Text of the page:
Author + information
- Received April 21, 2005
- Revision received June 21, 2005
- Accepted June 27, 2005
- Published online October 18, 2005.
- Xin Yang, MD, MRCP⁎,
- Karen P. Alexander, MD, FACC⁎,
- Anita Y. Chen, MS⁎,
- Matthew T. Roe, MD, MHS, FACC⁎,
- Ralph G. Brindis, MD, MPH, FACC†,
- Sunil V. Rao, MD⁎,
- W. Brian Gibler, MD‡,
- E. Magnus Ohman, MD, FACC§,
- Eric D. Peterson, MD, MPH, FACC⁎,⁎ (, )
- CRUSADE Investigators
- ↵⁎Reprint requests and correspondence:
Dr. Eric D. Peterson, Duke Clinical Research Institute, Box 17969, Durham, North Carolina 27715.
Objectives In a large contemporary population of patients with non–ST-segment elevation acute coronary syndromes (NSTE ACS), we sought to describe blood transfusion rates (overall and in patients who did not undergo coronary artery bypass grafting [CABG]), patient characteristics and practices associated with transfusion, variation among hospitals, and in-hospital outcomes in patients receiving transfusions.
Background The use of antithrombotic agents and invasive procedures reduces ischemic complications but increases risks for bleeding and need for blood transfusion in patients with NSTE ACS.
Methods We evaluated patient characteristics and transfusion rates in the overall population (n = 85,111) and determined outcomes and factors associated with need for transfusion in a subpopulation of patients who did not undergo CABG (n = 74,271) from 478 U.S. hospitals between January 1, 2001, and March 31, 2004.
Results A total of 14.9% of the overall and 10.3% of the non-CABG population underwent transfusion during their hospitalization. Renal insufficiency and advanced age were strongly associated with the likelihood of transfusion. Interhospital transfusion rates varied significantly. Non-CABG patients who received transfusions had a greater risk of death (11.5% vs. 3.8%) and death or reinfarction (13.4% vs. 5.8%) than patients who did not undergo transfusion.
Conclusions Transfusion is common in the setting of NSTE ACS, and patients who undergo transfusion are sicker at baseline and experience a higher risk of adverse outcomes than their nontransfused counterparts. Given the wide variation in transfusion practice, further efforts to understand patient and process factors that result in bleeding and need for transfusion in NSTE ACS are needed.
In recent years, significant advances have been made in the diagnosis, risk stratification, and therapy of non–ST-segment elevation acute coronary syndromes (NSTE ACS) (1–3). A key part of this management strategy involves combining multiple antiplatelet and anticoagulation agents along with invasive therapy in high-risk patients with NSTE ACS (2,3). Although these therapeutic modalities have been shown to reduce recurrent ischemic events in patients with NSTE ACS (4–7), they also increase the risks for bleeding and need for blood transfusion (7,8). Reported rates of major bleeding and transfusion from NSTE ACS clinical trial populations range from 1% to 9% (9–12). However, extrapolation of these bleeding and transfusion rates from trial to community practice is challenging because trial populations tend to be younger and healthier (13). Additionally, patients within trials usually are treated according to rigorously defined protocols that influence drug dosing and combinations.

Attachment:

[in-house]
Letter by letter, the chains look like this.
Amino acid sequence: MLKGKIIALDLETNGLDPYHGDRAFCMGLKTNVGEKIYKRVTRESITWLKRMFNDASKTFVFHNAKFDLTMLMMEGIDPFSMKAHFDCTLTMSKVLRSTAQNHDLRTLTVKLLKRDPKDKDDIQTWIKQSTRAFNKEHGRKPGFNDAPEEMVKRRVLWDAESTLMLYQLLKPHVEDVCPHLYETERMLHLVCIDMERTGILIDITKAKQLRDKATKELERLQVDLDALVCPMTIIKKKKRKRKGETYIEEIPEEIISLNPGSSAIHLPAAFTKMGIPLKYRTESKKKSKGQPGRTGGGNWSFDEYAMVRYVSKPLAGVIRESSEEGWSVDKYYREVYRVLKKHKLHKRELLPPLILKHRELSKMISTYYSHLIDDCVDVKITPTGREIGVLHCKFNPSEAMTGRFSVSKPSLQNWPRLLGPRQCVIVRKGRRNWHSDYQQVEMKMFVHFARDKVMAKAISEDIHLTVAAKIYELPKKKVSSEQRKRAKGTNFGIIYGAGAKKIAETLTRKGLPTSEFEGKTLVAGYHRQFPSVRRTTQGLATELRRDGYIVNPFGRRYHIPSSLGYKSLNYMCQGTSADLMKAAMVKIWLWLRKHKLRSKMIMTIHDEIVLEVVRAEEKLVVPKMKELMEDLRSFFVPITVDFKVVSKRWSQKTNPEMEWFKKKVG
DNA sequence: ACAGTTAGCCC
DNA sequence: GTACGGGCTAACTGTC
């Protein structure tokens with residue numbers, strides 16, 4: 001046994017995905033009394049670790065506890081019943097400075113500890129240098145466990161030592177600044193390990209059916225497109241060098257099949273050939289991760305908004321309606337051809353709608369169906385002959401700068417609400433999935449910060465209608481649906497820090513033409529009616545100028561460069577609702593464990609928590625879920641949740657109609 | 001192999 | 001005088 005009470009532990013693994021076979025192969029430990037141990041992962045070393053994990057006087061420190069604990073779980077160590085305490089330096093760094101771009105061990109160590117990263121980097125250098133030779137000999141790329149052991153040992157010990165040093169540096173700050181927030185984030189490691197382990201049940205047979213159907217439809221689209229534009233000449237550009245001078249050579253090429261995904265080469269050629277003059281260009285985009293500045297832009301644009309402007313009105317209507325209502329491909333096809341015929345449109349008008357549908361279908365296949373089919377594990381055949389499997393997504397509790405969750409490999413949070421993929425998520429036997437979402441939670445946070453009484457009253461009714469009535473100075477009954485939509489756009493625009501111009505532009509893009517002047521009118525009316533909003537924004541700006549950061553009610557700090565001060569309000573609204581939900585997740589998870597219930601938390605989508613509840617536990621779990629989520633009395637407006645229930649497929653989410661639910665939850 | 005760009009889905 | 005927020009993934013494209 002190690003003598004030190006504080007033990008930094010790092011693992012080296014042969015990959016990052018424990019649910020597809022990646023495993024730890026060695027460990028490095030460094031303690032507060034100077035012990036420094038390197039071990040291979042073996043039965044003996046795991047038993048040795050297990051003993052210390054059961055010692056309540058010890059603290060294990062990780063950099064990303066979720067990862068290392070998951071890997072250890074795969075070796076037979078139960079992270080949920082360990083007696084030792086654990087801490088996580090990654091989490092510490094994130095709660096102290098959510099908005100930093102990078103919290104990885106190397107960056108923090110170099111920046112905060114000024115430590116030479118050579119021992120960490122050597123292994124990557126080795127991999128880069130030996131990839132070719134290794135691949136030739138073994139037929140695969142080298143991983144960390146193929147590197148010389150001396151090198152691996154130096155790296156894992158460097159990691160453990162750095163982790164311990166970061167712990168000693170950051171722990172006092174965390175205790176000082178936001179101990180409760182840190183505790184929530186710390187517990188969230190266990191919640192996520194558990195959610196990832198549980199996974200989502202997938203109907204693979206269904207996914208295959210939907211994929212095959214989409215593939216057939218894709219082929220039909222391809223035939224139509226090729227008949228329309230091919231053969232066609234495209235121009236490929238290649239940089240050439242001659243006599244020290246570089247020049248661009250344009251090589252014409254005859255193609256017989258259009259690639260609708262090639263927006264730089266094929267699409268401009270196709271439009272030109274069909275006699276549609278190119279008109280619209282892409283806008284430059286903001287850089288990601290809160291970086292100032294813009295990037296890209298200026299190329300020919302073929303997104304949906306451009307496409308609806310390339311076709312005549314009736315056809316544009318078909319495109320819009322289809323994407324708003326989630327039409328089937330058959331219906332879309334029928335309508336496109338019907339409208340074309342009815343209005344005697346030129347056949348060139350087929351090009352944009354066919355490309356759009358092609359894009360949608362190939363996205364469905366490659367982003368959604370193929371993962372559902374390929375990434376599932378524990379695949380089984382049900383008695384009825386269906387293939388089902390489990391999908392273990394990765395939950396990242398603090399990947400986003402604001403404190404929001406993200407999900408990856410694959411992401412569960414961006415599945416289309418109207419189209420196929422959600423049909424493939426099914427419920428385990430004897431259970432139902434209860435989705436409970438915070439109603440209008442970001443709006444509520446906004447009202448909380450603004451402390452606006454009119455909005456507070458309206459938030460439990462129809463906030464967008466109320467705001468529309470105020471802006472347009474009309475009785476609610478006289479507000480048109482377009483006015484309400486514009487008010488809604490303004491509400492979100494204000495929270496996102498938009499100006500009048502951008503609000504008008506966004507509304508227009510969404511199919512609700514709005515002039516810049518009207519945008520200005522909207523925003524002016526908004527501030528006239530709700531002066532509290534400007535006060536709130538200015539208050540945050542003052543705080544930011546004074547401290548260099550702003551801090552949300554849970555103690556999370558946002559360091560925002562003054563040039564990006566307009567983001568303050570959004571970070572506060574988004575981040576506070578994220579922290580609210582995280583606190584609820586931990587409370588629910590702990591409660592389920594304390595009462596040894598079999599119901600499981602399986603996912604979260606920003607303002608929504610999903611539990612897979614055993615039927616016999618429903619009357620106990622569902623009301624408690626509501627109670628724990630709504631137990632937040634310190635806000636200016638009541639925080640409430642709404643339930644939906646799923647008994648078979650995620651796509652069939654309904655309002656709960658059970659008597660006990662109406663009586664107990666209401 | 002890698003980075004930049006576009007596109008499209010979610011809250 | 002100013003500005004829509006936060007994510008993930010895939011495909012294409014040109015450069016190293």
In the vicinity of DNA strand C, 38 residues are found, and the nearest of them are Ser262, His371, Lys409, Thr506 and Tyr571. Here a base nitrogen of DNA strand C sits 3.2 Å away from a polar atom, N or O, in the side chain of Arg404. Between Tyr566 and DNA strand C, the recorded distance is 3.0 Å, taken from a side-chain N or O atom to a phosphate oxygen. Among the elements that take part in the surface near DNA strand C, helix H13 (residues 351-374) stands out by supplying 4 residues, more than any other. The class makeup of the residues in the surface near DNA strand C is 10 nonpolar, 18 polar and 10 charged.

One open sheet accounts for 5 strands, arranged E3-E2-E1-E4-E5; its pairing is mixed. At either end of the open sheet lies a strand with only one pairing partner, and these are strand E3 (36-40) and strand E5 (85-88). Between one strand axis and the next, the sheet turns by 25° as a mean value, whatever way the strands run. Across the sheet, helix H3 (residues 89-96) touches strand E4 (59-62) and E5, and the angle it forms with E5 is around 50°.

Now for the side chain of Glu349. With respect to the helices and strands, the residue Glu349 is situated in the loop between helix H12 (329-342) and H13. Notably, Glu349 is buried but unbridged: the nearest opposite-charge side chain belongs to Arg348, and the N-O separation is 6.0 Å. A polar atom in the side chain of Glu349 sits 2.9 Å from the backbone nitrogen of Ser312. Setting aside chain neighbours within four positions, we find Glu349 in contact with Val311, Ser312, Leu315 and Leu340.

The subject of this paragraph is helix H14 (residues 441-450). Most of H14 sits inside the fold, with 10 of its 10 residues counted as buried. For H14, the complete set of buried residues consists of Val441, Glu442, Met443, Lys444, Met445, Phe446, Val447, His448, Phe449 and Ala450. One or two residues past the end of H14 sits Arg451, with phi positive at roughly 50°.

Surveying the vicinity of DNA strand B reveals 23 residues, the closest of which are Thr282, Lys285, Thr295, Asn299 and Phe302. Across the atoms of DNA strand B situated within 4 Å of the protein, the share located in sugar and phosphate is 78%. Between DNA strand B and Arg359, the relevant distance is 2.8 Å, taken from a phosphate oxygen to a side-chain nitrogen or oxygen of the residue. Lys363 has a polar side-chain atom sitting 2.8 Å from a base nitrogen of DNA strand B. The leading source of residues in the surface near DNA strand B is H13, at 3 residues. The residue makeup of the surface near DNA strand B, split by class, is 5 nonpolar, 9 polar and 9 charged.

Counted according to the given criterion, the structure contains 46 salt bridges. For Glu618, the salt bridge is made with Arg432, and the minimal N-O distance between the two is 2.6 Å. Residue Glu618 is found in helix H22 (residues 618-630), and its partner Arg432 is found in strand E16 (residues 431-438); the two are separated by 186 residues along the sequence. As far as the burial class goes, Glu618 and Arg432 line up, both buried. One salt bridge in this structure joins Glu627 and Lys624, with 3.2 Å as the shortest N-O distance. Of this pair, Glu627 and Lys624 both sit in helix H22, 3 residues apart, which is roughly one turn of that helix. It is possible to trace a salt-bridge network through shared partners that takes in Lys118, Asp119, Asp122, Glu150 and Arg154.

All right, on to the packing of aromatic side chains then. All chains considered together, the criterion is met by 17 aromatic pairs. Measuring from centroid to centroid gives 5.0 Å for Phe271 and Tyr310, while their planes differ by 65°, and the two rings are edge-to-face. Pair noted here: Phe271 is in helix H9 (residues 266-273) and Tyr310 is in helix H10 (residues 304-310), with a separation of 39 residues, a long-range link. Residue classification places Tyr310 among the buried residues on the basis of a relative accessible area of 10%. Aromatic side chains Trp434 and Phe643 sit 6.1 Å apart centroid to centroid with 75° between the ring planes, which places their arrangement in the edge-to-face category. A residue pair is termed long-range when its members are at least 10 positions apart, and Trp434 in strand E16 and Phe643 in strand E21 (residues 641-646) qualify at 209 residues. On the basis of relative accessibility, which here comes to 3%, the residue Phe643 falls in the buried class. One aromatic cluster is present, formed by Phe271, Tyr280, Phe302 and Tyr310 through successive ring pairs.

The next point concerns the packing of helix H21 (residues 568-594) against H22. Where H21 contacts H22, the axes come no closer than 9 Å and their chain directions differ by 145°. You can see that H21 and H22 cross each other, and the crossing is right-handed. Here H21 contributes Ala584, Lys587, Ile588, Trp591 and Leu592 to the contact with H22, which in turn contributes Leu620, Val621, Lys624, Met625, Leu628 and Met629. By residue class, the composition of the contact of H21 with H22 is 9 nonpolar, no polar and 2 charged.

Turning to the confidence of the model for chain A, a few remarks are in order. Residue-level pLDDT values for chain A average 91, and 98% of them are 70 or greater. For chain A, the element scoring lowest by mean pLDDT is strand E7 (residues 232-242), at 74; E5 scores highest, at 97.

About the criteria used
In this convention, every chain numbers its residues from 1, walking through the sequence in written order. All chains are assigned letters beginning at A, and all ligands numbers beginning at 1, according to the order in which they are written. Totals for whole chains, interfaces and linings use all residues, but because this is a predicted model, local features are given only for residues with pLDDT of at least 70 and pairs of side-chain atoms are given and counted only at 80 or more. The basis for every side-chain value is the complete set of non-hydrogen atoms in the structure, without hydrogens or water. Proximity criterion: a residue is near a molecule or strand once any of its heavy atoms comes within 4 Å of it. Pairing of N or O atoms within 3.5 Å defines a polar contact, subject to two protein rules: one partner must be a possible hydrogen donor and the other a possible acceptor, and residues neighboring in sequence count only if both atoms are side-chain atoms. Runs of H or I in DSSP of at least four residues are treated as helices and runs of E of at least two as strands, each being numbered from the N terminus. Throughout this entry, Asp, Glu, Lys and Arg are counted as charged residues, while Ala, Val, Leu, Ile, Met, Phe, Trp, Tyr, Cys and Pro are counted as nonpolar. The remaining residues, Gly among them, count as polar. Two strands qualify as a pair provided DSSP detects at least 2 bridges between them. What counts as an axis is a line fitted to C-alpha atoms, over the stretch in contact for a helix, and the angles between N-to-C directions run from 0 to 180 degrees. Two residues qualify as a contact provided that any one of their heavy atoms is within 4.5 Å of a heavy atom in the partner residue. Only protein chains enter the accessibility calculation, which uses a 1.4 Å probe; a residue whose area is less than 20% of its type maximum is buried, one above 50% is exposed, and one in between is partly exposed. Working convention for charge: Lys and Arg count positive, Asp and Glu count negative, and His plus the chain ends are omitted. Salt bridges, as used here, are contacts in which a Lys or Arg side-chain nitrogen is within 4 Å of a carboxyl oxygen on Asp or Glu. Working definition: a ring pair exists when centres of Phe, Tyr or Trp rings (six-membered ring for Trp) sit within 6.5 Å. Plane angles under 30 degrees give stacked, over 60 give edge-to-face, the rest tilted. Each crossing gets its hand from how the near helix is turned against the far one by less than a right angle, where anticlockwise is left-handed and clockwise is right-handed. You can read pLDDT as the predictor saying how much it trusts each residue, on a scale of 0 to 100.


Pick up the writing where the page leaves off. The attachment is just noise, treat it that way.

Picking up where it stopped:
The Can Rapid risk stratification of Unstable Angina Patients Suppress Adverse Outcomes With Early Implementation of the American College of Cardiology/American Heart Association Guidelines (CRUSADE) National Quality Improvement Initiative includes a broad sampling of U.S. practices, providing the ideal database in which to explore the use of blood transfusion in the community setting. The purpose of this analysis is to describe: 1) blood transfusion rates (both overall and those unrelated to coronary artery bypass grafting [CABG] surgery; 2) patient characteristics and care practices associated with transfusion; 3) variation in the use of transfusion across hospitals; and 4) in-hospital outcomes in patients receiving transfusions compared with those who do not during care for NSTE ACS in the community.
The CRUSADE initiative is an ongoing database of patients with high-risk NSTE ACS that have been admitted to U.S. hospitals since November 2001. The hospitals participating in the CRUSADE initiative are diverse in their size, teaching status, capacity, and region. Relative to national averages, the CRUSADE hospitals are larger and more likely to have catheterization laboratories and surgical capabilities.